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Insights into Editorials: Regulate, don’t Eliminate

Insights into Editorials: Regulate, don’t Eliminate

05 November 2015

The government’s recent proposal to ban commercial surrogacy in India has sparked a heated debate in the country.

Why, according to some such move would be disastrous?

  • Over the years, the surrogacy industry in India has grown into a multi-crore industry. Such move would not just badly hit surrogacy industry in India, but also would put embryonic human lives, being gestated in the safe wombs of alternate mothers, at stake.
  • Such ban would affect the surrogates, who are in it because it is a means of livelihood. From their perspective, there is nothing morally or ethically wrong because the babies are conceived through injection (embryo implant) and not through sexual intercourse.
  • The ban would also hurt the sentiments of intending parents. For them, surrogacy is a boon which gives them the child they never thought they could have.
  • Fertility specialists would lose their job.

How such ban proved disastrous in Thailand?

Thailand, a popular destination for fertility tourism, suddenly clamped a ban on commercial surrogacy earlier this year, after a couple of disasters exposed the dark side of this industry. However, the result was chaos. A number of surrogates in various stages of pregnancy were left in limbo. Intending parents did not know how to collect their babies. Consequently, the surrogacy industry got pushed underground.

Surrogacy in India:

  • Commercial surrogacy in India has been around for a couple of decades now. The first surrogate baby in India was born in 1994. The industry has since evolved, and today India offers some of the best fertility packages in the world. Intending parents with a valid fertility visa can come to India and get their IVF procedures done, hire healthy surrogates, return home, and monitor the entire pregnancy from afar. They can also get proper exit visas to take the children home after they are born.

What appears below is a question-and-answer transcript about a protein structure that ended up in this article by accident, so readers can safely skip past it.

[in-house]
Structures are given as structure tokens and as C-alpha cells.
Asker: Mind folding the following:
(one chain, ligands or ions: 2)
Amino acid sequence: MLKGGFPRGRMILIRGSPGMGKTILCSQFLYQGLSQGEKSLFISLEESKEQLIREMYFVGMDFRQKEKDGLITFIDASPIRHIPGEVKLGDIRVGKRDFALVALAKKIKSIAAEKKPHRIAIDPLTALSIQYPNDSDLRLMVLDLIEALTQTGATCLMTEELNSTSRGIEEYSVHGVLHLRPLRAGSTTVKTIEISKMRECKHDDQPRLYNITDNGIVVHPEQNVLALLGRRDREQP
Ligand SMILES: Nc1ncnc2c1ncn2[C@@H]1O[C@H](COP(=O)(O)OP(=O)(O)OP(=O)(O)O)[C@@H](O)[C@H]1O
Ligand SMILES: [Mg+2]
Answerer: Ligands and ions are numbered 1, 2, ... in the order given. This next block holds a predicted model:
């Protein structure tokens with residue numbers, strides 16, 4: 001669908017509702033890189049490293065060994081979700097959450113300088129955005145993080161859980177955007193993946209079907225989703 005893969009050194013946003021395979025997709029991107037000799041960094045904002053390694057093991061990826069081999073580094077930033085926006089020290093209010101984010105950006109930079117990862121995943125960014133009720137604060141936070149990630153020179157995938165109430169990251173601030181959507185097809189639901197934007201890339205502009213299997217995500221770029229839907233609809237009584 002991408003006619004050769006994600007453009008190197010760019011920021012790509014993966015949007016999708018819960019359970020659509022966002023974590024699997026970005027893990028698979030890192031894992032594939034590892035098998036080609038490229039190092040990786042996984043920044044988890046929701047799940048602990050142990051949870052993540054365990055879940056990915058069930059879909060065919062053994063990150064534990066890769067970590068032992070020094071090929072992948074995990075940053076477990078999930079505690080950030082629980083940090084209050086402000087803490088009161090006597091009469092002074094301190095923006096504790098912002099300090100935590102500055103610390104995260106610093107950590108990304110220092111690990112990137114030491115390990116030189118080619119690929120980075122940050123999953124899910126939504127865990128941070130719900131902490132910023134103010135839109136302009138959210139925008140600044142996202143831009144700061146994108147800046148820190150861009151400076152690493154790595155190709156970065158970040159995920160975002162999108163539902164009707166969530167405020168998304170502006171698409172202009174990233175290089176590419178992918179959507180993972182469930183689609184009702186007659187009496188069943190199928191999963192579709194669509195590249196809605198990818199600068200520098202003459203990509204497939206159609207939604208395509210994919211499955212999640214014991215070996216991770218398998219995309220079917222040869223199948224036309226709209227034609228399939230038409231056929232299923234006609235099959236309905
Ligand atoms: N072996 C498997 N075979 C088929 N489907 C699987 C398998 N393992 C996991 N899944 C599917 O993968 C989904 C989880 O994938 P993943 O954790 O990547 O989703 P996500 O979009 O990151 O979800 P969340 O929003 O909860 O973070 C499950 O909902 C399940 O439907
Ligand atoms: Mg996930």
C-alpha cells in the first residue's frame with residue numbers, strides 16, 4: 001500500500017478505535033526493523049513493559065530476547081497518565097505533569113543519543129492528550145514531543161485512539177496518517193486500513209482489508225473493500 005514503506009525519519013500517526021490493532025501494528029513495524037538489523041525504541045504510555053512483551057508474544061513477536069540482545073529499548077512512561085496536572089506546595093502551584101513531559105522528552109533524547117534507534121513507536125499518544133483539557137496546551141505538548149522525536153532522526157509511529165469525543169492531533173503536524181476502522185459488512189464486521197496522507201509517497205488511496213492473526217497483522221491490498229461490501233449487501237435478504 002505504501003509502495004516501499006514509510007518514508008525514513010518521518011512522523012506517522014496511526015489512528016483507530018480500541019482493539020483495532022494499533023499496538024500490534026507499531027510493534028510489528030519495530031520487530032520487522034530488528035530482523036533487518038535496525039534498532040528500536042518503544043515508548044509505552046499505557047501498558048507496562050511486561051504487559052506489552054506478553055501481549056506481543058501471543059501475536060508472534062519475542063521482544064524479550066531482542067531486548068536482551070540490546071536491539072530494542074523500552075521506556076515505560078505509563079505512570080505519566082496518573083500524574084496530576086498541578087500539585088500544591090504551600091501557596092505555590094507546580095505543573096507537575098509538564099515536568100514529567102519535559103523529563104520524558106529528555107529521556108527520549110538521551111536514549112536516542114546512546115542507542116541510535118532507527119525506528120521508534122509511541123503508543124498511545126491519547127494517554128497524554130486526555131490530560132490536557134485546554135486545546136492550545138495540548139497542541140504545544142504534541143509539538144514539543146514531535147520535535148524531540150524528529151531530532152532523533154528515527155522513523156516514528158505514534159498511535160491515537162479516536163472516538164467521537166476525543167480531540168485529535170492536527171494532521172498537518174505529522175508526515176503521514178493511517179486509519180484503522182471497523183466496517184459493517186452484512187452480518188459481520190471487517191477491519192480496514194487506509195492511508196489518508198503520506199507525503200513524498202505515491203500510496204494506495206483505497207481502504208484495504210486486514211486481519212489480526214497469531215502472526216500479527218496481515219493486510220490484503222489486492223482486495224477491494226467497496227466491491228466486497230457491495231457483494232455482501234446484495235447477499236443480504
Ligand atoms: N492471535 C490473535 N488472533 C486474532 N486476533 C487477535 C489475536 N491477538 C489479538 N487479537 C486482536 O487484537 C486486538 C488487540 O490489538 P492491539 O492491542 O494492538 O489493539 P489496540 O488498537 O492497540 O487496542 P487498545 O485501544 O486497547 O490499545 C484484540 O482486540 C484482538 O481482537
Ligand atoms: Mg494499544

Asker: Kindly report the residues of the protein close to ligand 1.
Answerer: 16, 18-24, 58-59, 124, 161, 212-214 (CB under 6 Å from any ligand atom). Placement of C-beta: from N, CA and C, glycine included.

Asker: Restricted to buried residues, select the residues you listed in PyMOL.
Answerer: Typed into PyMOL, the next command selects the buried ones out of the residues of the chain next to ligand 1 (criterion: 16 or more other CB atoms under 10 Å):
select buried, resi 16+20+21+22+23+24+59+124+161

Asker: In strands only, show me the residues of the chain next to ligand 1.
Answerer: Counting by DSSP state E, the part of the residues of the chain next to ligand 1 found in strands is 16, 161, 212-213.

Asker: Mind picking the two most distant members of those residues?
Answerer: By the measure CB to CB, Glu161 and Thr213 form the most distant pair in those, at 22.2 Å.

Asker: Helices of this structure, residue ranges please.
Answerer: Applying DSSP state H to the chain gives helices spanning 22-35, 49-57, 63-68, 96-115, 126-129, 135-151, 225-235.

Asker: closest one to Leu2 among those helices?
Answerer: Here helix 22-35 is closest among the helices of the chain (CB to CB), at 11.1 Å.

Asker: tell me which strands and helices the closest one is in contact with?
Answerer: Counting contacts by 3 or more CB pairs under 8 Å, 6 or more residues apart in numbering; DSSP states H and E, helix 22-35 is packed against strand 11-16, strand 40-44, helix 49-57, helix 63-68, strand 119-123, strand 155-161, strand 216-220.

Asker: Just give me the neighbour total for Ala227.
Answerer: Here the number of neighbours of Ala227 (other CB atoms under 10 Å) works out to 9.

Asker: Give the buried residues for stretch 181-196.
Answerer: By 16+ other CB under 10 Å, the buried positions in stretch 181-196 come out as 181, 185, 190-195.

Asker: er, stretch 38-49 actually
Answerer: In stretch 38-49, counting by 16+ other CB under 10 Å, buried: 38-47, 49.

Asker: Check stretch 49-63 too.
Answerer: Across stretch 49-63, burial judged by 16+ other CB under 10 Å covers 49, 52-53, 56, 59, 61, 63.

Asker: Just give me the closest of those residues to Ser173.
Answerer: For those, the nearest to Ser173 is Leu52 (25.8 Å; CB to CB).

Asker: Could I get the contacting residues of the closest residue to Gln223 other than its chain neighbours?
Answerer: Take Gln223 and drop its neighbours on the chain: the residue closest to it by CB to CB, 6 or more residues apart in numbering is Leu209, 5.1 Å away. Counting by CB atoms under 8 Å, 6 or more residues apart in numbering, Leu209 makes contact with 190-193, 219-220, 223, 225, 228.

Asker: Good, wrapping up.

• Earlier, the agreements between intending parents and surrogates were oral and the latter were often underpaid and ill-treated. Today, there are proper contracts to ensure that neither party is cheated. In many of the bigger and better organised fertility clinics, the surrogates are housed in special homes, given proper diet, medical checkups and maintenance allowances.
  • At present, the surrogacy business functions under the regulatory guidelines issued by the Indian Council of Medical Research. It is estimated that surrogacy industry in India has a turnover of more than $400 million a year.

Why India is famous for commercial surrogacy?

  • Foreigners prefer India because it is cheaper here or because commercial surrogacy is unavailable in their own countries.
  • In India, egg donations are legal and cheaper. While in some countries it is totally banned, and in other countries it has become a big business.


Before such ban is invoked, the government has to take into consideration the needs and aspirations of various people involved in this business. Primarily there are the babies born through surrogacy whose citizenship and right to be protected by their biological parents is of primary importance. Surrogacy industry in India is fully grown today. And banning at this stage will only create chaos and push the business underground. Instead, framing a proper law, providing good technical inputs and good political will would help ease the situation. Strict regulations should also be put in place to deal with bogus embryologists and doctors, the agents and touts who lure and cheat surrogates.


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1) Source: The Hindu, The Indian Express



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2) Source: The Hindu

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